The Royal Institution doesn't represent my kind of Britishness in science

By all means, let’s save the Royal Institution from closure, but let's also take the opportunity to replace its Victorian vision of science with one that looks more like Britain today.

Scientists have been up in arms about the likely sale of the Royal Institution’s (RI) building on Albermarle Street. This is the place where Michael Faraday made his discoveries in electromagnetism, and where public lectures have explained the latest ideas of science for nearly 200 years.

One of the prime reasons given for the outcry is that the tradition of RI’s Christmas Lectures would be lost. Watching the lectures on television is a sacred ritual for a certain type of British middle-class child. The lectures are then recreated around the world. The tour is “an important ambassador for British Science”, as Bristol University psychologist Bruce Hood, the 2011 lecturer, wrote at Nature.com yesterday.

I have nothing against the lectures – if I watch them, I generally enjoy them. But I’m uncomfortable with this vision of Britishness in science. As someone who spent the early 80s referred to by my peers as the “school Paki” (despite being of Caribbean descent), the RI is just not my kind of British.

For a start, there's the gender issue. We already know we are failing girls when it comes to science. Girls and boys do equally well at GCSE-level physics, but only 20 per cent of A-level physics students are girls. The Royal Institution’s offering of role models can’t be helping. Its lectures have been running every year since 1825 (apart from a few years during WW2). In all that time there have been four female lecturers.

Including those four women, though, I’m not aware of a lecturer who was anything other than white.

If we learned anything from the Olympics opening ceremony last year, it’s that we’re proud to display Britain as a multicultural nation. But while our athletes and musicians hail from every community, our scientists are not quite so diverse. This is not a Britain I am proud to put on display to the world. Especially when it ends up failing a significant minority.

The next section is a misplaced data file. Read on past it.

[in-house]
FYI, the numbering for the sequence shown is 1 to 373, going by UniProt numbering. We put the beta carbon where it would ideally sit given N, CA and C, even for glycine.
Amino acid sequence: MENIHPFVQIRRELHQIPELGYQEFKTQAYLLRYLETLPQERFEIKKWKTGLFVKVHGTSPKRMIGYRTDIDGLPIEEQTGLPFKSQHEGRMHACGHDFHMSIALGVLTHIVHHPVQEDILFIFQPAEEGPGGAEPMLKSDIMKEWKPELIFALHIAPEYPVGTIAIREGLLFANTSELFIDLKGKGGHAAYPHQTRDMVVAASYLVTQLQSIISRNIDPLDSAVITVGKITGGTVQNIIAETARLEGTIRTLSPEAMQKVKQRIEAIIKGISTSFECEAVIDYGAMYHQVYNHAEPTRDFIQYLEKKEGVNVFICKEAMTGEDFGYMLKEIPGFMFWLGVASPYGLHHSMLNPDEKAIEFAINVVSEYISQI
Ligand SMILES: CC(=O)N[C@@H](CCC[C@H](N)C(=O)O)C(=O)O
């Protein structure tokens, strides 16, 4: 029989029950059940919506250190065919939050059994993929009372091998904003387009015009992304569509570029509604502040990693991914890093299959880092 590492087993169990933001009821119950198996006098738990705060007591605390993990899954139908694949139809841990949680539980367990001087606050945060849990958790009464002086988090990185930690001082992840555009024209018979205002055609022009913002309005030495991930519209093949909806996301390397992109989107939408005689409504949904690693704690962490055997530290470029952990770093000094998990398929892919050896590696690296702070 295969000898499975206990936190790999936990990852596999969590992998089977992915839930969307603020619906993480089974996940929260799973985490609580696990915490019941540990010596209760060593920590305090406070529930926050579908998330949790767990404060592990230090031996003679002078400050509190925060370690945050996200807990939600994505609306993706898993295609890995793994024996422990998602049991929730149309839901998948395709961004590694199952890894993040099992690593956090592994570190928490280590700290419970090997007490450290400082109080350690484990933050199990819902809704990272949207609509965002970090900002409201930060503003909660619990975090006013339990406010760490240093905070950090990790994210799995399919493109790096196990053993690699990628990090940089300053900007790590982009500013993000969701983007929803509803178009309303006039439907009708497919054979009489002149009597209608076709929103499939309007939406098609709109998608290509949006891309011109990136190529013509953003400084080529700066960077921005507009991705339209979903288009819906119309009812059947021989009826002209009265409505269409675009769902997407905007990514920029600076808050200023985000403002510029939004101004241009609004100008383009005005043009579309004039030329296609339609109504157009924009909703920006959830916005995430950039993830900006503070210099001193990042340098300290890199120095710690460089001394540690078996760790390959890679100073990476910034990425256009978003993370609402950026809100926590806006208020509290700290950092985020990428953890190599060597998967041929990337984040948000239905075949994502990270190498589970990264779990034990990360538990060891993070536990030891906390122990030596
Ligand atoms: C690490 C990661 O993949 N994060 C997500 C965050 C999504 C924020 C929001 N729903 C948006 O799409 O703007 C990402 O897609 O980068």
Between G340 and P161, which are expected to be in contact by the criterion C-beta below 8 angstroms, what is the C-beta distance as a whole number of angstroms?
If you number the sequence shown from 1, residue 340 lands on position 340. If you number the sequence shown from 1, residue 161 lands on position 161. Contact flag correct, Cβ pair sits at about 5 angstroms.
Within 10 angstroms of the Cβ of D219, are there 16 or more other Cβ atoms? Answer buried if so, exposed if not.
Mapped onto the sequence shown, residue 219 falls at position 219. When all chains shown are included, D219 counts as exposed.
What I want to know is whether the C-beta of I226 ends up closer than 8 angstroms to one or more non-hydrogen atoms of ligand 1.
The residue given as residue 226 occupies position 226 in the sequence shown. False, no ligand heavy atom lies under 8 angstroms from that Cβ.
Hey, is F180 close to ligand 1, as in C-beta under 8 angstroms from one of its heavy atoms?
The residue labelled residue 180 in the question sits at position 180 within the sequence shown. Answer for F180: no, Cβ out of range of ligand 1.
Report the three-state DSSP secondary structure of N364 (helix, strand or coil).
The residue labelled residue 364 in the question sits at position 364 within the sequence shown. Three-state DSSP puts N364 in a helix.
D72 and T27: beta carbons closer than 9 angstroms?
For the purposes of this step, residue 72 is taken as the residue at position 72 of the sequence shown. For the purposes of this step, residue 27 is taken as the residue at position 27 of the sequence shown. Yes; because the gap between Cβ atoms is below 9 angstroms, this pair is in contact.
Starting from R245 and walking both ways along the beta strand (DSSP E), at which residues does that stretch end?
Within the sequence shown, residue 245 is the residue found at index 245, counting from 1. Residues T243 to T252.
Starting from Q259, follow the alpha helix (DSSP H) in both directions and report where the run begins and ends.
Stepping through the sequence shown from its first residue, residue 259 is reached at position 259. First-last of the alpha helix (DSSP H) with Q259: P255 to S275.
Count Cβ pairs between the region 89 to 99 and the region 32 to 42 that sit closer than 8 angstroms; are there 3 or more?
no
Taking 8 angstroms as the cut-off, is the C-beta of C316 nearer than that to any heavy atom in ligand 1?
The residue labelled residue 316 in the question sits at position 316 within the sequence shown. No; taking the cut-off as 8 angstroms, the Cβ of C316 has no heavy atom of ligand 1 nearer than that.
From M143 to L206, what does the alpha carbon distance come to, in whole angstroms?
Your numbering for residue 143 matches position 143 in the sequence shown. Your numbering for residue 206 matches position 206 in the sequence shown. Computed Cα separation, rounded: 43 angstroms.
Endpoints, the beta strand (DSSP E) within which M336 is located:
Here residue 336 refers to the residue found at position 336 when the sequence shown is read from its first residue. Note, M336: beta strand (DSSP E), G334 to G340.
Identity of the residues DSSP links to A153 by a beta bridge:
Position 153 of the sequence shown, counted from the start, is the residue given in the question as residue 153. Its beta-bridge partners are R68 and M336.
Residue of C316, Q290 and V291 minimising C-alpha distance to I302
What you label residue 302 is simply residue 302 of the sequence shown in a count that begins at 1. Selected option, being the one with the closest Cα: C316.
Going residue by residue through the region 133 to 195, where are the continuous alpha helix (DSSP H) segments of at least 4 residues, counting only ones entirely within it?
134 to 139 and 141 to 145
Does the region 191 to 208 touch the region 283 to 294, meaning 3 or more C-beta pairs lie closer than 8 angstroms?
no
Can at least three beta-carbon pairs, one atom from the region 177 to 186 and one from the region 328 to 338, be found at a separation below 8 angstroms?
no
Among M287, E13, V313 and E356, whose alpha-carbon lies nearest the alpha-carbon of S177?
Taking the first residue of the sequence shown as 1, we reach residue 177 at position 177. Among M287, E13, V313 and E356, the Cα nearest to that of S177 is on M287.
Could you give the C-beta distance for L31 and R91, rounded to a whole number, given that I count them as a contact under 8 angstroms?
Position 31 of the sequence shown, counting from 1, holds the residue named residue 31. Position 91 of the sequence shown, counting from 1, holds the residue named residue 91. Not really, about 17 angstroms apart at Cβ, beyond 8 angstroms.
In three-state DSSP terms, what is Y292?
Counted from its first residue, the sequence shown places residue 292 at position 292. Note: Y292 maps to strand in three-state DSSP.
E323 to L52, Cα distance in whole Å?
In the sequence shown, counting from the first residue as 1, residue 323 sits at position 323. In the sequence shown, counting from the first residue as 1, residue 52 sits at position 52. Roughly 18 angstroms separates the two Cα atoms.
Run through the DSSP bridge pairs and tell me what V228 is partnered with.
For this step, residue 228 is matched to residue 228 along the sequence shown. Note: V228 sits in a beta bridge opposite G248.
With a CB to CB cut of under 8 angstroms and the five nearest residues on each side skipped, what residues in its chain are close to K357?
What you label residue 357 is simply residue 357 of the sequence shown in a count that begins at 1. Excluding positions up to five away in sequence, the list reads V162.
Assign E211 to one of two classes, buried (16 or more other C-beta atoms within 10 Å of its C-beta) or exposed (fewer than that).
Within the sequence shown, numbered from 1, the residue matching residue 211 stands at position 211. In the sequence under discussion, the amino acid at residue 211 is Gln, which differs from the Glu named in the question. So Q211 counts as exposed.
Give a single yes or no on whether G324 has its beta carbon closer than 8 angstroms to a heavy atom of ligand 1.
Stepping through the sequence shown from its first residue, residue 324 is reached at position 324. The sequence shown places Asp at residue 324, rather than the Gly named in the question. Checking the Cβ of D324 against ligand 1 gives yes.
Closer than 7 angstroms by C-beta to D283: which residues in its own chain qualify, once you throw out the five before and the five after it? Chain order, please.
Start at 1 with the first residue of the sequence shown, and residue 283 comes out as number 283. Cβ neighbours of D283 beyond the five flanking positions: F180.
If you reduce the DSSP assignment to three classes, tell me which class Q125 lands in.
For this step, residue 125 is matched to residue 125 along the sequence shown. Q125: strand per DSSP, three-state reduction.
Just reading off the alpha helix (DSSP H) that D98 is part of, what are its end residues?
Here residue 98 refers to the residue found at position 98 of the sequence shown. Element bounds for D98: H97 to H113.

The voices clamouring for the RI to be saved are the same voices who like to point out that training in science leads to a higher income. What a shame, then, that young black British people are not able to take advantage of this opportunity.

Earlier this month, researchers at King’s College London released a study showing that 18 per cent of British black children are interested in a career in science (£). That’s significantly higher than the 13 per cent of British white children. However, the black children don’t get to follow through on their aspirations.

A different study, published in March last year, shows where things start to go wrong. Steve Strand of Oxford University’s Department of Education found that, at age 14, 46 per cent of White British students are entered to the higher tier science test. 38 per cent of Bangladeshi students are given this opportunity, alongside 33 per cent of Black African, 28 per cent of Pakistani and 28 per cent of Black Caribbean students.

With achievement having been restricted by entry, 12 per cent of White British students achieve the highest level, compared to only 6 per cent of Pakistani and Black African students and 5 per cent of Bangladeshi and Black Caribbean students. These kinds of achievements (and failures) set the course for future studies and specialisms.